Addigy Custom Facts let you collect any conceivable data from your macOS devices. Of course, collecting that data can be complicated and fraught with challenges. This article aims to tackle typical problems with Custom Facts and outline the best use-cases for collecting facts from your Macs.


For getting started with Custom Facts, go check out the article Creating Custom Facts where the basic functionality is outlined.


Understanding Custom Facts

There are lots of nuances to how Custom Facts are created. Let's go through the most common use-cases and edge-cases when building Custom Facts.


1. Test Your Custom Facts

Like all other items in Addigy, Custom Facts can be deployed selectively to the policy of your choice. This means that you have the ability to extensively test Custom Facts on virtual machines and spare devices before deploying a Custom Fact to your production machines. We strongly recommend you test Custom Facts before deploying them to production machines. Without proper testing, a bad Custom Fact can slow down the audits your devices and have a negative impact on the way your machines report the facts that already work well.


2. Maximum Upload Size

While you can do a lot with the flexible format of Custom Facts, there is a strict maximum size to the output of a Custom Fact. Custom Facts that have output larger than 1 Megabyte (MB) will return an error and can slow down your fact audits. We recommend you don't use facts to output the content of logs or files.


3. Maximum Run Time

Custom Facts run within the same architecture of Addigy's default facts. To keep audits running smoothly, a timeout of five (5) minutes has been enforced to ensure that a fact does not incur a slowdown on the rest of the facts that the Addigy auditor collects. We recommend you avoid running commands that can take a long time like recursively looking through file systems.


4. Anticipate Errors

With scripting languages like Bash and Python, many facts will be based on wrapping other binaries that can have errors. We recommend that you expect these binaries to have errors. Use if-statements to anticipate problems before they happen and handle differences between multiple OSes.


The `sw_vers` command in Bash makes it easy to detect different versions of macOS. This example shows how easy it can be to detect when older versions should get special treatment.

 

if (( $(sw_vers | awk -F. '{print $2}') < 12 )); then
    # This machine runs Sierra or older. Let's not assume it can handle newer commands.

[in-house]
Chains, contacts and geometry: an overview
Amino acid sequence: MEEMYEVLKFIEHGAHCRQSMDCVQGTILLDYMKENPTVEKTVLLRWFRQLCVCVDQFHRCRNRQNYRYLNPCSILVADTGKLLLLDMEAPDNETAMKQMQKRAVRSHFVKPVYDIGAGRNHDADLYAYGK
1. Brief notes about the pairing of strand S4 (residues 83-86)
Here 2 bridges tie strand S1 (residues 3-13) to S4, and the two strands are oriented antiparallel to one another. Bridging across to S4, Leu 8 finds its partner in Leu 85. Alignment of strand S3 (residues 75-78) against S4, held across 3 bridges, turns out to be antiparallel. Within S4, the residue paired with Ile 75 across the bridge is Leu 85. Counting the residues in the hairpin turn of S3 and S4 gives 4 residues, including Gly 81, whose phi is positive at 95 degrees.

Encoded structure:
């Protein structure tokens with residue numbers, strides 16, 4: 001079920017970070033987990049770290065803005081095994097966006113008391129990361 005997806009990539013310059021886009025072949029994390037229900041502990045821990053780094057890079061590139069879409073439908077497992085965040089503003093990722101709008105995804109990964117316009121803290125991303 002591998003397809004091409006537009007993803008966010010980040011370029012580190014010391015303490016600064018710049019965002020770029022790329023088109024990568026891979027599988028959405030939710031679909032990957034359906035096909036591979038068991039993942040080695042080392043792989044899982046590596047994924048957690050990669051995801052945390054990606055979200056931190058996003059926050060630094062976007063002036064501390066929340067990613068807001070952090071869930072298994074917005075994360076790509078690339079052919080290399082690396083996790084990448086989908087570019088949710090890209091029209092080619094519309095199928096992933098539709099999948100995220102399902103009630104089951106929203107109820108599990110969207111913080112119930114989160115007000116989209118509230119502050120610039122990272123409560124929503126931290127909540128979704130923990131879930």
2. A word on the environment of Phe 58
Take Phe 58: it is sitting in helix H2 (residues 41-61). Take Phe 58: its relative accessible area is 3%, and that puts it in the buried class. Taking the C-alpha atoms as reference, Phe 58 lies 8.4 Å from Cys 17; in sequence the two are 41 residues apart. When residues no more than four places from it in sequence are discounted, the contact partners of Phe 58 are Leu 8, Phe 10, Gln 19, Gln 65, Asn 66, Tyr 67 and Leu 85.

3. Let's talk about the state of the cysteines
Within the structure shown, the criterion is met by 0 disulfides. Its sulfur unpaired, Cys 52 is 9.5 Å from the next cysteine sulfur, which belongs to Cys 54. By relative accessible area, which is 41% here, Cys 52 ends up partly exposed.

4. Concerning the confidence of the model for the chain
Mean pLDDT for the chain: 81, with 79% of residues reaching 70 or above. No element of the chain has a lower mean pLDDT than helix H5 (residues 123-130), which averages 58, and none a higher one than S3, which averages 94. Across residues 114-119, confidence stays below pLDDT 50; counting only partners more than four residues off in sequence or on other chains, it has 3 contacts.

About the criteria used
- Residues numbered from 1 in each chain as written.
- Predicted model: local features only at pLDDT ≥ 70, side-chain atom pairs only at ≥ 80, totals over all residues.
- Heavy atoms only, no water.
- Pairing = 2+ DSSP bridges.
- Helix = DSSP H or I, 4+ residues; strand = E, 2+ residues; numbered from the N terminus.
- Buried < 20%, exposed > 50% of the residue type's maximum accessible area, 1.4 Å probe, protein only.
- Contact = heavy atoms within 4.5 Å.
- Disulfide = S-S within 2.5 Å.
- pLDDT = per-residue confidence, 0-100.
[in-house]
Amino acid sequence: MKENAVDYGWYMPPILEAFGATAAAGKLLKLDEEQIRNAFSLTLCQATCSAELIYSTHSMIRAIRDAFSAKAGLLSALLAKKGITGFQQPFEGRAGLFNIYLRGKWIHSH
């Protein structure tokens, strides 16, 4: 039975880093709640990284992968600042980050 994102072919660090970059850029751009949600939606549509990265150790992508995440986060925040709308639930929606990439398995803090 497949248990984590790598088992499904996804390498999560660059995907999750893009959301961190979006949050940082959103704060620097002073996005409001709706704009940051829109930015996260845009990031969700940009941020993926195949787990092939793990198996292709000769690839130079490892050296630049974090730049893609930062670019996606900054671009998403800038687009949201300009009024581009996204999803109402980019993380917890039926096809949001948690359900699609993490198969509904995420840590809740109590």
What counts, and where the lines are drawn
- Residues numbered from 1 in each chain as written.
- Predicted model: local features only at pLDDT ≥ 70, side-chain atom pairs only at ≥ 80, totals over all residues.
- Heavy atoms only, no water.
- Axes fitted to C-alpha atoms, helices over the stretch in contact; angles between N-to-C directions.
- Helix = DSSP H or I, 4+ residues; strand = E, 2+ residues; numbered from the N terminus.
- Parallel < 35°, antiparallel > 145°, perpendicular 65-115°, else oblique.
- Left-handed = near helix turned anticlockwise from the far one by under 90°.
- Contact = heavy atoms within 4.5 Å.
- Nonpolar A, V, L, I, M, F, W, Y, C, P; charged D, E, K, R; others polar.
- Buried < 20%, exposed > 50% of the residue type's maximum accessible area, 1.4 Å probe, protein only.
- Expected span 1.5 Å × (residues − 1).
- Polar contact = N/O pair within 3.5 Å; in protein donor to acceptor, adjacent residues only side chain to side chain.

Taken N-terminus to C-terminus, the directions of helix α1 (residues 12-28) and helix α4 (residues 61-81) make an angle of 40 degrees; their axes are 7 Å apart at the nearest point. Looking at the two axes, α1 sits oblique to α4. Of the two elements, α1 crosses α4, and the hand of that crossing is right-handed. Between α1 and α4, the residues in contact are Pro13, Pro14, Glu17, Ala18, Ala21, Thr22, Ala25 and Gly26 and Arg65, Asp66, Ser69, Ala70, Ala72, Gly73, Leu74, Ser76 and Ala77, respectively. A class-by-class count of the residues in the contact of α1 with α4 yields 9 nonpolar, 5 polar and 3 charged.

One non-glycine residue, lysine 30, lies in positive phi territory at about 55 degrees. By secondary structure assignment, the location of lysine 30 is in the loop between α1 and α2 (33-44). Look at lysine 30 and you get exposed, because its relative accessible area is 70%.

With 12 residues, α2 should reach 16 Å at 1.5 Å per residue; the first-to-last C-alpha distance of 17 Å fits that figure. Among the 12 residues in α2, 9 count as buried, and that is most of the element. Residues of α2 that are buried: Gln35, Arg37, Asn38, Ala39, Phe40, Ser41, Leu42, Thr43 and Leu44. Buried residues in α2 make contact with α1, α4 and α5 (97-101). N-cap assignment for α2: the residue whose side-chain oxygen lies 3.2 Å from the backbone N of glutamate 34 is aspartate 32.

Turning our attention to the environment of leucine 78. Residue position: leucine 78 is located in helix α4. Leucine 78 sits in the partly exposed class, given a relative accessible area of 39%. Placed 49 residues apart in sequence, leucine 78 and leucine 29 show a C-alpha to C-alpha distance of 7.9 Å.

fi


There are many other good uses of if-statements and other logic structures to make sure your Custom Facts run smoothly. If you have issues with your script not being sufficiently robust, adding additional logic like this can be a great place to start.


5. Redirect Standard Output and Standard Error

Custom Facts work will often need to call subprocesses and binaries built-in to macOS. However, sometimes those programs can have ugly output or error messages. Redirecting standard output (stdout) and standard error (stderr) can help you curate the specific output you'd need to be parsed by the Addigy auditor. Typically, this will only apply to Bash scripts as Python directly wraps subprocess output and error.


You can redirect output of a command in an if-statement to make sure that none of the command's output is part of your fact's return value. In the example below the profiles command stdout and stderr has been redirected using 1>/dev/null 2>&1 to not ruin a boolean fact's return value.


if profiles show -type configuration -output stdout | grep "com.apple.mdm" 1>/dev/null 2>&1; then
    echo 'true'
else
    echo 'false'
fi


Example Custom Facts

Here are two examples of Custom Facts: one written in Bash and the other in Python.


Bash: Local Users



This fact is quite simple. The script uses a common dscl command and a simple awk filter to print out all the local users on the Mac, both standard and admin. Our return type is list as we'd like each line of output (our command returns one username per line) to be an entry in the list. And, we use the default #!/bin/bash hashbang to invoke the script.


When added to a deployed to a policy, you should see username's in a nice array in the Local Users column.



Python: Is VM



Another simple fact, this Python was borrowed from a gist published by Mike Lynn (https://gist.github.com/pudquick/8107bb7b6e8d63eaddec7042c081e656) and is a great example of using resources found online to build awesome Custom Facts.


This script uses a system library to read information about the system CPU and determine if the device is a virtual machine or a real Mac. Our return type is boolean as we just want a simple "yes" or "no" on what type of device this is, and we use the default Python hashbang, #!/usr/bin/python.